According to a job listing released over the weekend, Microsoft is planning a “sweeping visual rejuvenation of Windows experiences.” The last time we heard Microsoft speak about changes of this magnitude, it was before the switch from Windows 7 to Windows 8. One would hope that this next set of sweeping changes would be more accountable to the users that wish for incremental changes, rather than one foul swoop – but we shall see!
Per the job listing posted by Microsoft, they’re looking for software engineers for their Windows Core User Experiences team. Prospective engineers would work with Microsoft’s “key platform, Surface, and OEM partners to orchestrate and deliver a sweeping visual rejuvenation of Windows experiences to signal to our customers that Windows is BACK.”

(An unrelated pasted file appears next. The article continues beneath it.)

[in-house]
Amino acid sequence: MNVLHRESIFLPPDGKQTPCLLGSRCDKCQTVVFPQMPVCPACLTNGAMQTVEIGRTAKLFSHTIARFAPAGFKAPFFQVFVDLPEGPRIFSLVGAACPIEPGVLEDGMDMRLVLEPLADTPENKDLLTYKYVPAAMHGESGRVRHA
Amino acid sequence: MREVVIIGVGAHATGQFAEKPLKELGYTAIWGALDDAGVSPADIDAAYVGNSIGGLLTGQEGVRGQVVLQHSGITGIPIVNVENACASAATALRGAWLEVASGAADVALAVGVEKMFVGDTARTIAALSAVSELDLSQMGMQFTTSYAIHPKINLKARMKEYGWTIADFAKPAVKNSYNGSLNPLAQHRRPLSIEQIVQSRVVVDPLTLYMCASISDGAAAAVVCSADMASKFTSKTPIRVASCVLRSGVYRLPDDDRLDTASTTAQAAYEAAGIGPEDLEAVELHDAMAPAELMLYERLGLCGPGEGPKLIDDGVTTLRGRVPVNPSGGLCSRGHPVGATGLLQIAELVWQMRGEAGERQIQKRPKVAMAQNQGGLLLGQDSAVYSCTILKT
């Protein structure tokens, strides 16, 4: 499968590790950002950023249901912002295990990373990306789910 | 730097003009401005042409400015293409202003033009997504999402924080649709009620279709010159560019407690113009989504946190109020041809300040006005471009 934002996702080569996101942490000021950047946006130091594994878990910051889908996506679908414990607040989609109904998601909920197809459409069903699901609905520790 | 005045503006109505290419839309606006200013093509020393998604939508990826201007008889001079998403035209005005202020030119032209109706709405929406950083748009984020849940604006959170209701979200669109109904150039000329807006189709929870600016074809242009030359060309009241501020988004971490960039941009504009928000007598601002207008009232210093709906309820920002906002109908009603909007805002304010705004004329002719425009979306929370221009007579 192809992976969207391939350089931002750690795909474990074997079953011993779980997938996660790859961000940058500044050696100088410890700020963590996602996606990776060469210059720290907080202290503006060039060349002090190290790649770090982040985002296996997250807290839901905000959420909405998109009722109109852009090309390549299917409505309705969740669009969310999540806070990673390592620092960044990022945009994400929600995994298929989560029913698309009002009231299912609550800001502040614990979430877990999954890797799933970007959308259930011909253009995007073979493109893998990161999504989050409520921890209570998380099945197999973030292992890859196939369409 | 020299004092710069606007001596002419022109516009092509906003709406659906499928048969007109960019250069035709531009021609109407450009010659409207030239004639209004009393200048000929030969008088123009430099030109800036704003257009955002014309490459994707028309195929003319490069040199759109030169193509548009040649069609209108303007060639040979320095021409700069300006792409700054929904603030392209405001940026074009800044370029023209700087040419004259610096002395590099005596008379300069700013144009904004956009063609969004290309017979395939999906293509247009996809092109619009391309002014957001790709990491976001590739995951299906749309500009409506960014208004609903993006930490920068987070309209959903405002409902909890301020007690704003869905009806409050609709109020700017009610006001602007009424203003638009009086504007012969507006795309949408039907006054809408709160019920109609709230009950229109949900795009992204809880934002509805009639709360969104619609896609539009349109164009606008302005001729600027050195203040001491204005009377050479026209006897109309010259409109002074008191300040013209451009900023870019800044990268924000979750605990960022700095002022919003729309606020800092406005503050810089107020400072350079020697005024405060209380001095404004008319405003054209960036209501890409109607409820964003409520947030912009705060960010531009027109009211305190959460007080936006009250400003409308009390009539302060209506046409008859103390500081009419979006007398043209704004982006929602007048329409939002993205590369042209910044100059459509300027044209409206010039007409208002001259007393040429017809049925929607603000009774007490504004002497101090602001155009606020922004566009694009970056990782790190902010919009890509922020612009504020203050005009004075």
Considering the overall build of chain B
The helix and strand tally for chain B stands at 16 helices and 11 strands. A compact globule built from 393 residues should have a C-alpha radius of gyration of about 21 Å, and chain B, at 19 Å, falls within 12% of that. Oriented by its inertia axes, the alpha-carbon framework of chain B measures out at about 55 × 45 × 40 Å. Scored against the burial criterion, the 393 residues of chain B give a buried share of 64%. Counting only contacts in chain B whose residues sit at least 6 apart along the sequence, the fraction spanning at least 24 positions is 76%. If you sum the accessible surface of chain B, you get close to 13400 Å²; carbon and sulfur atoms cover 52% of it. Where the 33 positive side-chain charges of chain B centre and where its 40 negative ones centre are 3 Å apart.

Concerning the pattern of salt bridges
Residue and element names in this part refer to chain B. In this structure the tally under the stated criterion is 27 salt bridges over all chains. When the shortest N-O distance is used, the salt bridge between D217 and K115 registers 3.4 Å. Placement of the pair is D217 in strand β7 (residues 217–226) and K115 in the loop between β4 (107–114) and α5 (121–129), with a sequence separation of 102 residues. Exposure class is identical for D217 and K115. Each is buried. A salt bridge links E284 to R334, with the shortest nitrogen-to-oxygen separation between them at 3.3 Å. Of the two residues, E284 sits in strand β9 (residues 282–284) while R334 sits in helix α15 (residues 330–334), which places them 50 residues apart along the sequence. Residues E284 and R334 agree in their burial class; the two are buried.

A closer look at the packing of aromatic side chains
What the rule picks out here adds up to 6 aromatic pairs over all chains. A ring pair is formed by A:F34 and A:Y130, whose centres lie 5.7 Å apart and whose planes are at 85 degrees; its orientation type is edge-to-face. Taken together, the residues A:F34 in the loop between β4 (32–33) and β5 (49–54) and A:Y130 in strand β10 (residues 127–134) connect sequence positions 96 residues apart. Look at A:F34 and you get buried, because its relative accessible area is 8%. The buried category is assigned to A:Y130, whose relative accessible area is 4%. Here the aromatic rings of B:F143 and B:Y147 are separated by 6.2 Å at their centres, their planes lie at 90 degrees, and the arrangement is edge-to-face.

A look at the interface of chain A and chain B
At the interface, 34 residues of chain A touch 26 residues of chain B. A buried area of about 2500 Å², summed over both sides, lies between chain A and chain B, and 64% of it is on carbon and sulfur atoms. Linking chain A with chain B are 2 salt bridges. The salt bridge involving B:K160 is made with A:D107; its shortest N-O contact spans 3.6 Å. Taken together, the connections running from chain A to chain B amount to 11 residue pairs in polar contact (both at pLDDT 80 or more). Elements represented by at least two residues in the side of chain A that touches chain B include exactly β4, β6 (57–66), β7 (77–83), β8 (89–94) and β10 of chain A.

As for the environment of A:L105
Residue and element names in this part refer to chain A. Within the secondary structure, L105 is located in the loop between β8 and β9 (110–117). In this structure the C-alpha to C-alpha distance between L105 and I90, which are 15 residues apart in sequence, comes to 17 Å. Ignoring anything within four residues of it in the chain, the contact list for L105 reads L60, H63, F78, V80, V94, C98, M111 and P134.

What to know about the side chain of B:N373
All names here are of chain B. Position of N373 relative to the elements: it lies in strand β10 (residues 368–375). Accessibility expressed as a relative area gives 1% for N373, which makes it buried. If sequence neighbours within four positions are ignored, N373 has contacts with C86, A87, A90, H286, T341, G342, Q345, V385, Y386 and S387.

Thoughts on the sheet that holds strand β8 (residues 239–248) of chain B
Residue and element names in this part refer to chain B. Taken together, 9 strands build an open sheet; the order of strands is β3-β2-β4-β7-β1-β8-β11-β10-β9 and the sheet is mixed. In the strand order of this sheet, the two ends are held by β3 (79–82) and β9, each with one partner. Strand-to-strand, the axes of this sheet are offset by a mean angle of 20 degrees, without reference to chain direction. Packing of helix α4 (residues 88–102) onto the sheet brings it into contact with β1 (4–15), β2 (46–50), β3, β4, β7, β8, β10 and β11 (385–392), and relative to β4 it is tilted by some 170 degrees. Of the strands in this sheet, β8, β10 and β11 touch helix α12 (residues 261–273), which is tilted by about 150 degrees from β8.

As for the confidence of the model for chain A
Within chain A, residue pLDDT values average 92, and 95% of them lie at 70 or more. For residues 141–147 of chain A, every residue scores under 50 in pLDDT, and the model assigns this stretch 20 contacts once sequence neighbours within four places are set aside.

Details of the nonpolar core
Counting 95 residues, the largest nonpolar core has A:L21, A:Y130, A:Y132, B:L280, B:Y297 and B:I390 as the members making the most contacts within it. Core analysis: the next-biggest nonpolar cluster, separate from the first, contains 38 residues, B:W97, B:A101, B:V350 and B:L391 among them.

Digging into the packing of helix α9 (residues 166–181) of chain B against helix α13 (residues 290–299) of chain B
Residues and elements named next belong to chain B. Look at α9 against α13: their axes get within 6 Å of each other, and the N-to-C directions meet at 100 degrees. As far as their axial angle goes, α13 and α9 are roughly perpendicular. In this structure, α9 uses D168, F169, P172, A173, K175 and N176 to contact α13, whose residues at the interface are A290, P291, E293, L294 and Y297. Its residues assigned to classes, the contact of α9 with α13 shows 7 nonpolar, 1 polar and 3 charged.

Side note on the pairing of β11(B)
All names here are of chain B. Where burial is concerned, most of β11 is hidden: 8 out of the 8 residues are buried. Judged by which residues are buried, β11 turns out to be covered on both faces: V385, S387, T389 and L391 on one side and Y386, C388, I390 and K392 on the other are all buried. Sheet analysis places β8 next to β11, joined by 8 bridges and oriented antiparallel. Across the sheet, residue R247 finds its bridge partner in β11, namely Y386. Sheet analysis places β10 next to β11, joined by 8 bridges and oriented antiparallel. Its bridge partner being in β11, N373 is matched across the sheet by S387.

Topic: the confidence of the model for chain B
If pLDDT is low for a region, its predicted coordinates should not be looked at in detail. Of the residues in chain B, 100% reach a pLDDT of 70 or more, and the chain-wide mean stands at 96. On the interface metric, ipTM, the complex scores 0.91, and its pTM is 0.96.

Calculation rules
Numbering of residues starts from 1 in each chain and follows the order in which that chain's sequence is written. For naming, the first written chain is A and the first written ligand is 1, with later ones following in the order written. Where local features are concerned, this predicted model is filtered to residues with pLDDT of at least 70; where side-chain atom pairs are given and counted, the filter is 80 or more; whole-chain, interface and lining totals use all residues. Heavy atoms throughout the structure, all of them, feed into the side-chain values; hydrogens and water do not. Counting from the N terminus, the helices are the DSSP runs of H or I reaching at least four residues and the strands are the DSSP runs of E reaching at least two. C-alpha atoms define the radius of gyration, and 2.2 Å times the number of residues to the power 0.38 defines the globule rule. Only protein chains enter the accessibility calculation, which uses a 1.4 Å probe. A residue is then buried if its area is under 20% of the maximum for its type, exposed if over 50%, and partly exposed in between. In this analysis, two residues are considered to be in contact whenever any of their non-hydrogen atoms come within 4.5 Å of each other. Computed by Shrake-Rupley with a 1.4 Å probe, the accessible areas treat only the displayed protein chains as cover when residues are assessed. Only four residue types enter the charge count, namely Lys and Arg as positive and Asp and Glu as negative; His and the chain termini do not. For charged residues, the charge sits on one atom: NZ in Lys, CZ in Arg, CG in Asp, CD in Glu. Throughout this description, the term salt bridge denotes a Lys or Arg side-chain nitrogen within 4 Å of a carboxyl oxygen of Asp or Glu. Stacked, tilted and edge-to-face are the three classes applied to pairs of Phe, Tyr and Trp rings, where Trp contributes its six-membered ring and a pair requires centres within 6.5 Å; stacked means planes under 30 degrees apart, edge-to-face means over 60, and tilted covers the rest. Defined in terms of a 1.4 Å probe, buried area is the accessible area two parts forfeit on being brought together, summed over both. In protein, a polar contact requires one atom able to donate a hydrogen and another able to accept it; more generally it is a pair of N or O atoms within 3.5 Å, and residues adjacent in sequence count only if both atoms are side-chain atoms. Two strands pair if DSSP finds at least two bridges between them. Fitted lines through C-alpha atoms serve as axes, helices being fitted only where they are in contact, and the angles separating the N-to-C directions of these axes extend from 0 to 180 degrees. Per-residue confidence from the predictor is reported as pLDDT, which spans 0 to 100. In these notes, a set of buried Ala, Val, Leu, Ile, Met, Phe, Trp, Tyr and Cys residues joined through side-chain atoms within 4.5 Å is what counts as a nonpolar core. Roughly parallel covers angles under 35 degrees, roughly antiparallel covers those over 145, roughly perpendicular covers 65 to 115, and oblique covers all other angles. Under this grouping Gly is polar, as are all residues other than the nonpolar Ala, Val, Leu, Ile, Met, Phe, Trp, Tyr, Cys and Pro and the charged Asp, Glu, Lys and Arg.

UPDATE: As noted by The Verge, references to the “sweeping visual rejuvenation” were removed on January 4, 2021, after the phrase found significant traction on social media platforms.
This situation is undoubtedly linked to Microsoft’s bit chat back in October of 2020. There, Microsoft’s Panos Panay suggested to IT pros: “I want you to feel pressure from your customer saying ‘give me the next one! Give me Windows! Give it to me!”
Rumors continue to suggest that the big changes in store will most likely appear in the fourth quarter of the year, 2021. That’s still quite a while away – but it might well sneak up on us if we’re not careful.
This week also delivered a peek at the future of Microsoft’s own main email system, Outlook. The new Outlook app for Windows and Mac will be “powered by the web” according to Windows Central. Almost as if the past couple of decades never happened, it would seem that future versions of Outlook will finally, at long last, “embrace the web” – since, you know, it’s a fairly “universal platform” as such.